In vivo analysis of the 'bystander effect': A cytokine cascade

R. Ramesh, A. J. Marrogi, A. Munshi, C. N. Abboud, S. M. Freeman

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The 'bystander effect' refers to the death of unmodified tumor cells when in contact with ganciclovir (GCV)-exposed, herpes simplex virus-thymidine kinase (HSV-TK)-modified tumor cells. Although the exact mechanism or mechanisms involved in mediating the bystander effect in vivo are unknown, our findings suggest that an intact host immune system is required for the phenomenon to occur. The present study was designed to establish the effect of HSV-TK-modified tumor cells and GCV on the tumor and its microenvironment in vivo. In sublethally irradiated and immunodeficient Balb/c mice, the bystander effect was observed to be diminished or abrogated. Histopathologic examination of the tumor mass from immunocompetent mice demonstrated centralized hemorrhagic tumor necrosis (38%) after inoculation of the HSV-TK-modified tumor cells and GCV in tumor-bearing mice compared with the control mice (5%), indicating that cytokines such as tumor necrosis factor-α (TNF-α) were being released locally. This hypothesis was underscored using reverse transcriptase polymerase chain reaction (RT-PCR), by the demonstration of cytokine mRNA expression in mice treated with HSV-TK-expressing tumors and GCV. Semiquantitative PCR analysis for TNF-α using PCR-MIMIC on tumor samples from mice treated on days 1 and 4 showed a two-fold increase in the level of mRNA expression. Also, immunohistochemical staining for TNF-α showed that mononuclear inflammatory cells infiltrating the tumor were its source. Finally, characterization of tumor-infiltrating lymphocytes (TIL) in experimental animals demonstrated a two- to threefold increase in the number of macrophages and T cells compared with control animals. These results demonstrate that, in vivo, the bystander effect is mediated in part by an antitumor response through the release of cytokines. Further, the cytokine milieu and tumor microenvironment can be modulated following injection of HSV-TK cells and GCV to enhance the host immune response, which is of potential use in clinical trials.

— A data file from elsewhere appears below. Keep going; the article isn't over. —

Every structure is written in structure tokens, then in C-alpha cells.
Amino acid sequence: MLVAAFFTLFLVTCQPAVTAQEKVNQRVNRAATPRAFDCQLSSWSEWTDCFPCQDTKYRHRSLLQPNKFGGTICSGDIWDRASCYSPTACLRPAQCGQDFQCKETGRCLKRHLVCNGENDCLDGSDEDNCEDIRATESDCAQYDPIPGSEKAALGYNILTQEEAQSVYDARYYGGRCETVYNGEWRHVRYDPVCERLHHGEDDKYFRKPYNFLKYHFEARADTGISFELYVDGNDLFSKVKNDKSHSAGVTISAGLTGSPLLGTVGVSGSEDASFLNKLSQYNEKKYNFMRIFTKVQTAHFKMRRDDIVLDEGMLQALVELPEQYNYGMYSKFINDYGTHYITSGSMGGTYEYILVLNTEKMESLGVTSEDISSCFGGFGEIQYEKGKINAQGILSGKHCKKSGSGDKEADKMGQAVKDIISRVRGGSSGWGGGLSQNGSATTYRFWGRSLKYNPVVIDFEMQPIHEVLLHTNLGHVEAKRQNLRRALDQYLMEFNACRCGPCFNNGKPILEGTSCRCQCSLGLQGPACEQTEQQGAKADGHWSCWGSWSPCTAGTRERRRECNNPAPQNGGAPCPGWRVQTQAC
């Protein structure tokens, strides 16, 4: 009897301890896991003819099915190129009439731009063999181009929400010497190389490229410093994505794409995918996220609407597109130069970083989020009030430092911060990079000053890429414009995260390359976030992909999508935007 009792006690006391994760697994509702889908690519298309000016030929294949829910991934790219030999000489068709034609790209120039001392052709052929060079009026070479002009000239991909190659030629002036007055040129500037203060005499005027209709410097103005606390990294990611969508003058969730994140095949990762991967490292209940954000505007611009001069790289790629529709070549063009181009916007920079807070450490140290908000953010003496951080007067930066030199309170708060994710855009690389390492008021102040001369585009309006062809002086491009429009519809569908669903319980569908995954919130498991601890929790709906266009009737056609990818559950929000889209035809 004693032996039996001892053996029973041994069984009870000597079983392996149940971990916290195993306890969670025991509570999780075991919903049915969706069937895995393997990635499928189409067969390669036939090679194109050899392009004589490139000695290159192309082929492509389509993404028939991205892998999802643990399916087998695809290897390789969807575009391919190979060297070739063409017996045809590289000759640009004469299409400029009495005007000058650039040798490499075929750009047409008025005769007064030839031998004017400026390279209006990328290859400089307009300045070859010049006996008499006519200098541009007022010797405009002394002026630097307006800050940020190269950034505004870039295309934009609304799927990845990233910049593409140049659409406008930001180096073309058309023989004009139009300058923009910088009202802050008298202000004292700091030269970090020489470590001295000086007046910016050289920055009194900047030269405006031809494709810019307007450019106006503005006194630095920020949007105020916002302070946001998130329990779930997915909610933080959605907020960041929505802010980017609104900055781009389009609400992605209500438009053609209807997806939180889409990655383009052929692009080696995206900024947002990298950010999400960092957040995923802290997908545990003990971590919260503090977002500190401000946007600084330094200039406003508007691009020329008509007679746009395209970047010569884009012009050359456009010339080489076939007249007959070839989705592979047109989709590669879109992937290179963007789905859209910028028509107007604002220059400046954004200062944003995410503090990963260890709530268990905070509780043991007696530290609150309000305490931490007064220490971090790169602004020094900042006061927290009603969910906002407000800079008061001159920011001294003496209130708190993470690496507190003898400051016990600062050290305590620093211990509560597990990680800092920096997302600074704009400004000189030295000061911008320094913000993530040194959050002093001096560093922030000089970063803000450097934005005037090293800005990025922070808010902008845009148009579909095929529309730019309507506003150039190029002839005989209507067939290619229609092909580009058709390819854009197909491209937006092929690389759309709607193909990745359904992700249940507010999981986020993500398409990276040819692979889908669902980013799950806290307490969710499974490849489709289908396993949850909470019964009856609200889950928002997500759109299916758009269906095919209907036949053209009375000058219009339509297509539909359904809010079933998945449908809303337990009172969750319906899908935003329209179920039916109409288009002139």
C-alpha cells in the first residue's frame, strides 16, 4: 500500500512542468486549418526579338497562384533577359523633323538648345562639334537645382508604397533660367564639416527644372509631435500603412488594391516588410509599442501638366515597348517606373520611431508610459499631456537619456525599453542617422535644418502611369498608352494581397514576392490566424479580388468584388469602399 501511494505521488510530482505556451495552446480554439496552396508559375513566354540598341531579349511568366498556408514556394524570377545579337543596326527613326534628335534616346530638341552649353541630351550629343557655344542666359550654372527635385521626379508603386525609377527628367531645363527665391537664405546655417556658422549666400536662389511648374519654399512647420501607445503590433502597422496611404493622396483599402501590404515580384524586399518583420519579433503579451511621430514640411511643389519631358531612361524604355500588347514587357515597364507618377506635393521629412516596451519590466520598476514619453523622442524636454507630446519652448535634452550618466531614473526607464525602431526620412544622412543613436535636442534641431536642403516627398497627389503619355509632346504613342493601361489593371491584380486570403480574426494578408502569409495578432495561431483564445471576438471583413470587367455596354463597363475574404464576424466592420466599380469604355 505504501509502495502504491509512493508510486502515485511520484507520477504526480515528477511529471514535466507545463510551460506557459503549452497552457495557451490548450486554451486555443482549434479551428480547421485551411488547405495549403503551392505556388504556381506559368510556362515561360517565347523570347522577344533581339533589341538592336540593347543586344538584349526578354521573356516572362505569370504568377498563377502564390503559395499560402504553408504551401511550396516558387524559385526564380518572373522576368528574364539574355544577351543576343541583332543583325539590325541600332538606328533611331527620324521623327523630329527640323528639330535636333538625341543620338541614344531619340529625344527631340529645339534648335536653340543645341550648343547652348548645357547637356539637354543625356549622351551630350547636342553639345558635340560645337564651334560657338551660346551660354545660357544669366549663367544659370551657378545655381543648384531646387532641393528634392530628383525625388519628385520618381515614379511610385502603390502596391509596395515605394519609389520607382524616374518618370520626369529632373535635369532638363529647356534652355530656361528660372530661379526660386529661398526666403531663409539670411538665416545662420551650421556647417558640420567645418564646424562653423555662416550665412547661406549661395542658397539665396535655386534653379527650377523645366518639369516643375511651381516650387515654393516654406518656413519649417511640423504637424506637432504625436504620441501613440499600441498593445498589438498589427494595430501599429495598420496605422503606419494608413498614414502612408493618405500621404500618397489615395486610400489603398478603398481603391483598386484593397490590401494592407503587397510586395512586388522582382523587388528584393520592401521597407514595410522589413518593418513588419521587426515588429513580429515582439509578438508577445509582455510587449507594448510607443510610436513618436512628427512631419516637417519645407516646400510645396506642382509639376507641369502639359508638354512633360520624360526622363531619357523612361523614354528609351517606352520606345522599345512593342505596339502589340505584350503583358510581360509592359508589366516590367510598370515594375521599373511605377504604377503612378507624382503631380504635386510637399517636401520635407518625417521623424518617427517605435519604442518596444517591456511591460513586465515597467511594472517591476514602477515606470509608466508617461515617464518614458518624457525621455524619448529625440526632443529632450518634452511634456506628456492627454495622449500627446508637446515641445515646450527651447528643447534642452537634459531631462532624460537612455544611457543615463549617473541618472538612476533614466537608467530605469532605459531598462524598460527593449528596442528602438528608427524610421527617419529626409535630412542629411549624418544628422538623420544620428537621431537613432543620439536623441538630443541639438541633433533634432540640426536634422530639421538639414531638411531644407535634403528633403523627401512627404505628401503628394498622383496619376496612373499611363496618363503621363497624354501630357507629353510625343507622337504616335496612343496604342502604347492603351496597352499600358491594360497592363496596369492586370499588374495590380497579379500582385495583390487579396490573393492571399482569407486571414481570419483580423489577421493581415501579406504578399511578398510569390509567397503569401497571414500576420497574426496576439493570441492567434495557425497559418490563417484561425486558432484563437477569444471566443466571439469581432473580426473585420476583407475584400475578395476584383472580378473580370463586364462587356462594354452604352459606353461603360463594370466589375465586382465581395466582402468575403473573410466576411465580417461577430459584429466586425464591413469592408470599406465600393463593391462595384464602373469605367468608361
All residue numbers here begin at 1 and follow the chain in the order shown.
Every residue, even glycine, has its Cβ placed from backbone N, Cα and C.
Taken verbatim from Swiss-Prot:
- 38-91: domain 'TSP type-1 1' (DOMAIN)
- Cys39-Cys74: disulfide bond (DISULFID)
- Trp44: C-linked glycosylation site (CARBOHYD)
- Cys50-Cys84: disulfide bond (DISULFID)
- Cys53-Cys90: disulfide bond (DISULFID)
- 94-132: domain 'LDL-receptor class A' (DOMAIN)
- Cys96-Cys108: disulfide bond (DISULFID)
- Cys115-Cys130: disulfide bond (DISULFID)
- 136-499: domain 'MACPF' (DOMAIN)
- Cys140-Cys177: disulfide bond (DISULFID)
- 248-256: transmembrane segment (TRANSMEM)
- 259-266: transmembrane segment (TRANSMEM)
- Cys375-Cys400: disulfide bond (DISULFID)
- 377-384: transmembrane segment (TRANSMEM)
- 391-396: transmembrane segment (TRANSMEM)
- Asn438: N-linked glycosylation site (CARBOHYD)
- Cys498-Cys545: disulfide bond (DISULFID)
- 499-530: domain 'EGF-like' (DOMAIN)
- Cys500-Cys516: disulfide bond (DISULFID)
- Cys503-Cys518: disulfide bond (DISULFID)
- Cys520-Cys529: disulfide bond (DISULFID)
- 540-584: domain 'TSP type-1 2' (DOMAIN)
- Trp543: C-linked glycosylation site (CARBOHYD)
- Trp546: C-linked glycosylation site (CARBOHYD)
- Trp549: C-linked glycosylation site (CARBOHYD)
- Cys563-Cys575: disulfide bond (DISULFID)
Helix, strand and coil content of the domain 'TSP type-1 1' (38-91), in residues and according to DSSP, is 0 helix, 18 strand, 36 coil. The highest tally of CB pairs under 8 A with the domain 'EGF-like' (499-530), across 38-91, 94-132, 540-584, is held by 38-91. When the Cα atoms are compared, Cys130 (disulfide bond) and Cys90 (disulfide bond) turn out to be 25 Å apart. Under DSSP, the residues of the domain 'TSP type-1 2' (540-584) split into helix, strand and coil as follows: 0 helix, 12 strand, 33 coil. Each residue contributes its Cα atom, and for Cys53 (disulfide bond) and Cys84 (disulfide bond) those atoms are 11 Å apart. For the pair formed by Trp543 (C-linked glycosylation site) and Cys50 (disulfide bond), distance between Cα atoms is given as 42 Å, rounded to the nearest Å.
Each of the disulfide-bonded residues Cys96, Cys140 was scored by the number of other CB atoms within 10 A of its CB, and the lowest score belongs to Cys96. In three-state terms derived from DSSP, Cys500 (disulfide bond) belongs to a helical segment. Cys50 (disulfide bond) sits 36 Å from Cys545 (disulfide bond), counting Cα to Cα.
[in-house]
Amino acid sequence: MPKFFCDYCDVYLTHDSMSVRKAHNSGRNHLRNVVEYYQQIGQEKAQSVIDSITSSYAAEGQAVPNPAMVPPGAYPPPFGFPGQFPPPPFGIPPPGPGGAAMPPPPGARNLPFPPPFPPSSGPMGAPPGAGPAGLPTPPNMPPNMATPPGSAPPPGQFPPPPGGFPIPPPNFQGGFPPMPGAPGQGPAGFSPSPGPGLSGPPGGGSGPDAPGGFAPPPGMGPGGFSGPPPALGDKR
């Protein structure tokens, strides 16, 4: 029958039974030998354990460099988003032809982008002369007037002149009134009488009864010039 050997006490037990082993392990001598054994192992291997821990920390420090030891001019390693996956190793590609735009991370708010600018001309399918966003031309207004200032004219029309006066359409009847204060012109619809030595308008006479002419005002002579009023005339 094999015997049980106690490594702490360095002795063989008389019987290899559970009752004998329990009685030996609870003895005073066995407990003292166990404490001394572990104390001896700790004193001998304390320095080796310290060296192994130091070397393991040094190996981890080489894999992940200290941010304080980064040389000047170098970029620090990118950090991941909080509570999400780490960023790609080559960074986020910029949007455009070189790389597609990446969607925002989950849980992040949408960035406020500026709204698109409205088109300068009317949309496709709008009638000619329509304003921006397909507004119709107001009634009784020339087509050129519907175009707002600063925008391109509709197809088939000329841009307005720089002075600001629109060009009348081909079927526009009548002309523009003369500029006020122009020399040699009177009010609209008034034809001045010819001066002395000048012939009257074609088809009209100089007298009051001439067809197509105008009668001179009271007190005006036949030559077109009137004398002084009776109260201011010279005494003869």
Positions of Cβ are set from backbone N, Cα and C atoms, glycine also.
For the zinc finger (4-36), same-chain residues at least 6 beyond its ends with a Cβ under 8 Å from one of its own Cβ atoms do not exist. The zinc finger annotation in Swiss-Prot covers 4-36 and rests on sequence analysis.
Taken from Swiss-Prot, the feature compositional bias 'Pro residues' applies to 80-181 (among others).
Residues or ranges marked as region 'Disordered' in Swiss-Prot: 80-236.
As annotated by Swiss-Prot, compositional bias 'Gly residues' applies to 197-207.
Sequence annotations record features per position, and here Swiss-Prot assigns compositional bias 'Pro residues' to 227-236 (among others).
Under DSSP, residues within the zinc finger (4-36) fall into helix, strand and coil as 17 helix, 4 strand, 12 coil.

Original languageEnglish
Pages (from-to)829-838
Number of pages10
JournalExperimental Hematology
Issue number7
StatePublished - Jul 22 1996
Externally publishedYes


  • Bystander effect
  • Cancer
  • Cytokines
  • Gene therapy
  • HSV-TK cells

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    Ramesh, R., Marrogi, A. J., Munshi, A., Abboud, C. N., & Freeman, S. M. (1996). In vivo analysis of the 'bystander effect': A cytokine cascade. Experimental Hematology, 24(7), 829-838.